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Governor Burgum declared last month that he would not run for president again and would not seek a third term



Bismarck, North Dakota – The announcement was made on Monday by Governor Doug Burgum that he will not be running for a third term, which ends on December 14, 2024.

Being North Dakota’s first lady and governor, according to Burgum, “has been one of the most incredible and rewarding experiences of our lives.” We will always be appreciative to the people of North Dakota for providing Kathryn and me with two separate opportunities to serve our beloved state.

Burgum became the 33rd governor of North Dakota on December 15, 2016, after winning the election in November 2016. In November 2020, he won a second term through reelection.

“Over the past seven years, we’ve made remarkable strides in infrastructure, education, and other areas, from record tax relief and historic investments to leading our state through historic challenges like flooding, drought, the DAPL protests, and a global pandemic,” Burgum stated in his announcement.

The former president’s admiration for the obscure governor, coupled with Burgum’s recent endorsement of him, have stoked rumors that Burgum may serve in a potential second Trump administration.

Burgum, 67, is a successful software entrepreneur who surprised everyone in 2016 by defeating the state’s well-liked attorney general in the Republican primary for governor. Amidst a $1 billion deficit in state revenue, his campaign platform revolved around “reinventing” the state government. He went on to win by landslide victories both his first term and reelection in 2020.

His choice opens up a contest for the state government’s top position in the Republican-dominated, sparsely populated state. Republicans have supermajorities in the Legislature and control every statewide and congressional seat. Since Heidi Heitkamp’s victory in the 2012 U.S. Senate race, Democrats have not won a statewide election. They last won the governor’s office in 1988.

Burgum took office during the height of the protests against the Dakota Access oil pipeline. As COVID-19 cases surged, he spearheaded the state’s response to the epidemic by advocating for “personal responsibility” and being “North Dakota smart.” Along with dealing with severe droughts and devastating winter storms, he also had to make decisions on how to use the state’s growing oil tax savings and federal coronavirus help.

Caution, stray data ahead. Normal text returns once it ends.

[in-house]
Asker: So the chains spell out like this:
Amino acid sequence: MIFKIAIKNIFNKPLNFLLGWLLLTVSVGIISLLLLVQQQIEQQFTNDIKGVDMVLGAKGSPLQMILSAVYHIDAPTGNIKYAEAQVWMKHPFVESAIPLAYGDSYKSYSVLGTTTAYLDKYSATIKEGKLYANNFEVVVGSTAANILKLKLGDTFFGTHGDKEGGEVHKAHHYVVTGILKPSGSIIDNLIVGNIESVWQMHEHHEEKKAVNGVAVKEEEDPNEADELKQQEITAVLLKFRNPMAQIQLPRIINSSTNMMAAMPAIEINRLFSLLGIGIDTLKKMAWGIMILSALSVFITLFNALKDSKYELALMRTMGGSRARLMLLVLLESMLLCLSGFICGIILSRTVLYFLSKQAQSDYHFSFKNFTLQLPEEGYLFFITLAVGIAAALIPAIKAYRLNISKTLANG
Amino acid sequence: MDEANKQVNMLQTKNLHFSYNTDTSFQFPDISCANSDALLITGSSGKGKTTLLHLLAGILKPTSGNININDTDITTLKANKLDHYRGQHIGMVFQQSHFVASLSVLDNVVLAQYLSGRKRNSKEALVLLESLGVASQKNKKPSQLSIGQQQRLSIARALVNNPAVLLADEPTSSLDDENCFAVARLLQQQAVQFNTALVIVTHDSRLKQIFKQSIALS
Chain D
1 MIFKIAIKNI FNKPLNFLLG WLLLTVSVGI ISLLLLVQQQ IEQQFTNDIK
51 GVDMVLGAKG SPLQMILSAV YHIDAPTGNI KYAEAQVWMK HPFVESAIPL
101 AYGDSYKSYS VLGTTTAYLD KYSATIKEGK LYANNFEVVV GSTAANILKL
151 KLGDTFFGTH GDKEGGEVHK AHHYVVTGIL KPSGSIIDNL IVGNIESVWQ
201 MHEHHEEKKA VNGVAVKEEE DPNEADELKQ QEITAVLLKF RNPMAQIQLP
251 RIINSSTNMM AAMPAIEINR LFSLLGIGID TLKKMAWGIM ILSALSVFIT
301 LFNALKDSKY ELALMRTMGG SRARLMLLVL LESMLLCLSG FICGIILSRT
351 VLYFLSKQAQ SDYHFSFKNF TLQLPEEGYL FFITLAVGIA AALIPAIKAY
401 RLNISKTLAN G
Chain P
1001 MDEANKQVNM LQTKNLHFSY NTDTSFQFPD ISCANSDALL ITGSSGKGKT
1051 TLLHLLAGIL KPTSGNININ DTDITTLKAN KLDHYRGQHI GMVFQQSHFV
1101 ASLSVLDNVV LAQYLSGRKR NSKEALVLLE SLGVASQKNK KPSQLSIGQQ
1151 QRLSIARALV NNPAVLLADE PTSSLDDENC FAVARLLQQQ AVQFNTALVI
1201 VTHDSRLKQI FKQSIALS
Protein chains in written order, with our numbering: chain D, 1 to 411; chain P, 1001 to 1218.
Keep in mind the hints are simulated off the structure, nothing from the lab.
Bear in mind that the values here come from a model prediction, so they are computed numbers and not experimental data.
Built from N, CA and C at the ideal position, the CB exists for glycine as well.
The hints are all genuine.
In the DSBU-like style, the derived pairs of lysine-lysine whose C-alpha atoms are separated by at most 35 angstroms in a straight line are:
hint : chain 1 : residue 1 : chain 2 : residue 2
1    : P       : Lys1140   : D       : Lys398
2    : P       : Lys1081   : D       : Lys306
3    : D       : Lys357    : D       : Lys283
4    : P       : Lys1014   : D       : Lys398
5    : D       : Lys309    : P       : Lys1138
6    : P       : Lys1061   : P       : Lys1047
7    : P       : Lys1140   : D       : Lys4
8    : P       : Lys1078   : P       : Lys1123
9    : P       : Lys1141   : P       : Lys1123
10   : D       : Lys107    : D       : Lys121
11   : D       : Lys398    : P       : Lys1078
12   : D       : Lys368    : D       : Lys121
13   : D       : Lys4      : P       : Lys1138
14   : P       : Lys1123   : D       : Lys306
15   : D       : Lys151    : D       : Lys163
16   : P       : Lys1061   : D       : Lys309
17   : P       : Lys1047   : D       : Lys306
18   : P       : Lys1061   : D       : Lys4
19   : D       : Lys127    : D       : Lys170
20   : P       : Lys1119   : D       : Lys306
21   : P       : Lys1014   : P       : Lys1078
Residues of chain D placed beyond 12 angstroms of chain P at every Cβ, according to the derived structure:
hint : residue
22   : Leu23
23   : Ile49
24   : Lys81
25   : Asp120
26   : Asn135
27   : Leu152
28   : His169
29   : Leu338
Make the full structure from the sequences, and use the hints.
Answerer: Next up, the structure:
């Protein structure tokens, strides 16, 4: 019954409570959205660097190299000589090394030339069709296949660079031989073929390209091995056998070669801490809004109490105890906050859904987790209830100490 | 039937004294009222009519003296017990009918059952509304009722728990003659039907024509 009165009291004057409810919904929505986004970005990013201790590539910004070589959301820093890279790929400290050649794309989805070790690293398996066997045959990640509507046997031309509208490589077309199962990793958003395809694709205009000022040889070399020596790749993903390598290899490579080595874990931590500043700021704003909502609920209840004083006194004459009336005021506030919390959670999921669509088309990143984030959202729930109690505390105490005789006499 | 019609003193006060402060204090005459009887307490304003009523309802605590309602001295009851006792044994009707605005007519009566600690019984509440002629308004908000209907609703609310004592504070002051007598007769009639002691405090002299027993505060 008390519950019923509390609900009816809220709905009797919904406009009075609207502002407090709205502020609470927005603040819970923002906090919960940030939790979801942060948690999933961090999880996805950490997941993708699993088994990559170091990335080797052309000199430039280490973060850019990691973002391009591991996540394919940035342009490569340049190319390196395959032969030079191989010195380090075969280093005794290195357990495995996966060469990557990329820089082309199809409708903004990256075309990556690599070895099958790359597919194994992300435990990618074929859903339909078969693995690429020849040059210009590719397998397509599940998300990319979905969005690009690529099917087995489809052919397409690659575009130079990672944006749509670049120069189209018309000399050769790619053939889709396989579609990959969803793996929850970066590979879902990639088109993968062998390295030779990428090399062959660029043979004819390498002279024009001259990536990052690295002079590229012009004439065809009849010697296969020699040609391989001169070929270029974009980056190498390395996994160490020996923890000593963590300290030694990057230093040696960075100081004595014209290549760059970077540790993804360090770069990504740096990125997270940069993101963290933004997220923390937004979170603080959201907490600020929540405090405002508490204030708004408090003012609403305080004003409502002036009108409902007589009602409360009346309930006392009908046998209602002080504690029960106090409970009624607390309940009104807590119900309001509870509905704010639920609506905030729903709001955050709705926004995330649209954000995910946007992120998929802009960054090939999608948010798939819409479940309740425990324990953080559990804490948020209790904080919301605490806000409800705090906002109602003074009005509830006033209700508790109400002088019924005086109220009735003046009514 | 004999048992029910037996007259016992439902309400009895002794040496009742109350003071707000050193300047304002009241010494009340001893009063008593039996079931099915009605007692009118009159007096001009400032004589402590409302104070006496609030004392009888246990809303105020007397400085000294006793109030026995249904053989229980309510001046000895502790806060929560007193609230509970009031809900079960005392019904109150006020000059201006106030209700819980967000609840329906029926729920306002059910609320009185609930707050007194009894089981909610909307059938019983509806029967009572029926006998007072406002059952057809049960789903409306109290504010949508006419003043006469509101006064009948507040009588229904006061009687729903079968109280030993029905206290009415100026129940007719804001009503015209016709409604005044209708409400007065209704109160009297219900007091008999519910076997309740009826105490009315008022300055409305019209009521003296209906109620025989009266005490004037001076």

In the vibrant Badlands of the state, where the 26th president hunted and roamed in the 1880s, Burgum, as governor, pushed for the establishment of a Theodore Roosevelt presidential library. He made addiction recovery a primary priority in his administration, as did his alcoholic wife Kathryn.

To varying degrees, he has advocated for income tax reductions. Last year, opponents criticized him for signing a plethora of measures that restricted school athletic participation and outlawed gender-affirming child care, both of which they claimed were detrimental to transgender individuals.

He’s never had a good connection with lawmakers. With millions of his dollars, Burgum targeted Republican colleagues’ seats in 2020 and 2022, including the chief House budget writer.

In 2022, Burgum backed a vote initiative to limit term limits. State legislators have a term limit of eight years in the House and eight years in the Senate, and the governor may only be elected twice. Burgum is free to run for a third or fourth term because the term limitations are not retroactive.

Burgum spent more than $12 million of his funds on his six-month-long presidential campaign, which he completed in December. To achieve the donation requirements for the debate stage, he gave $20 gift cards to contributors, which attracted attention. He also attacked the debate qualification rules, calling them arbitrary.

Burgum’s greatest-known role before becoming governor was that of a software executive. In 2001, he oversaw Great Plains Software’s $1 billion acquisition by Microsoft. Before 2007, he held leadership positions in venture capital and real estate development enterprises. He was an executive at Microsoft.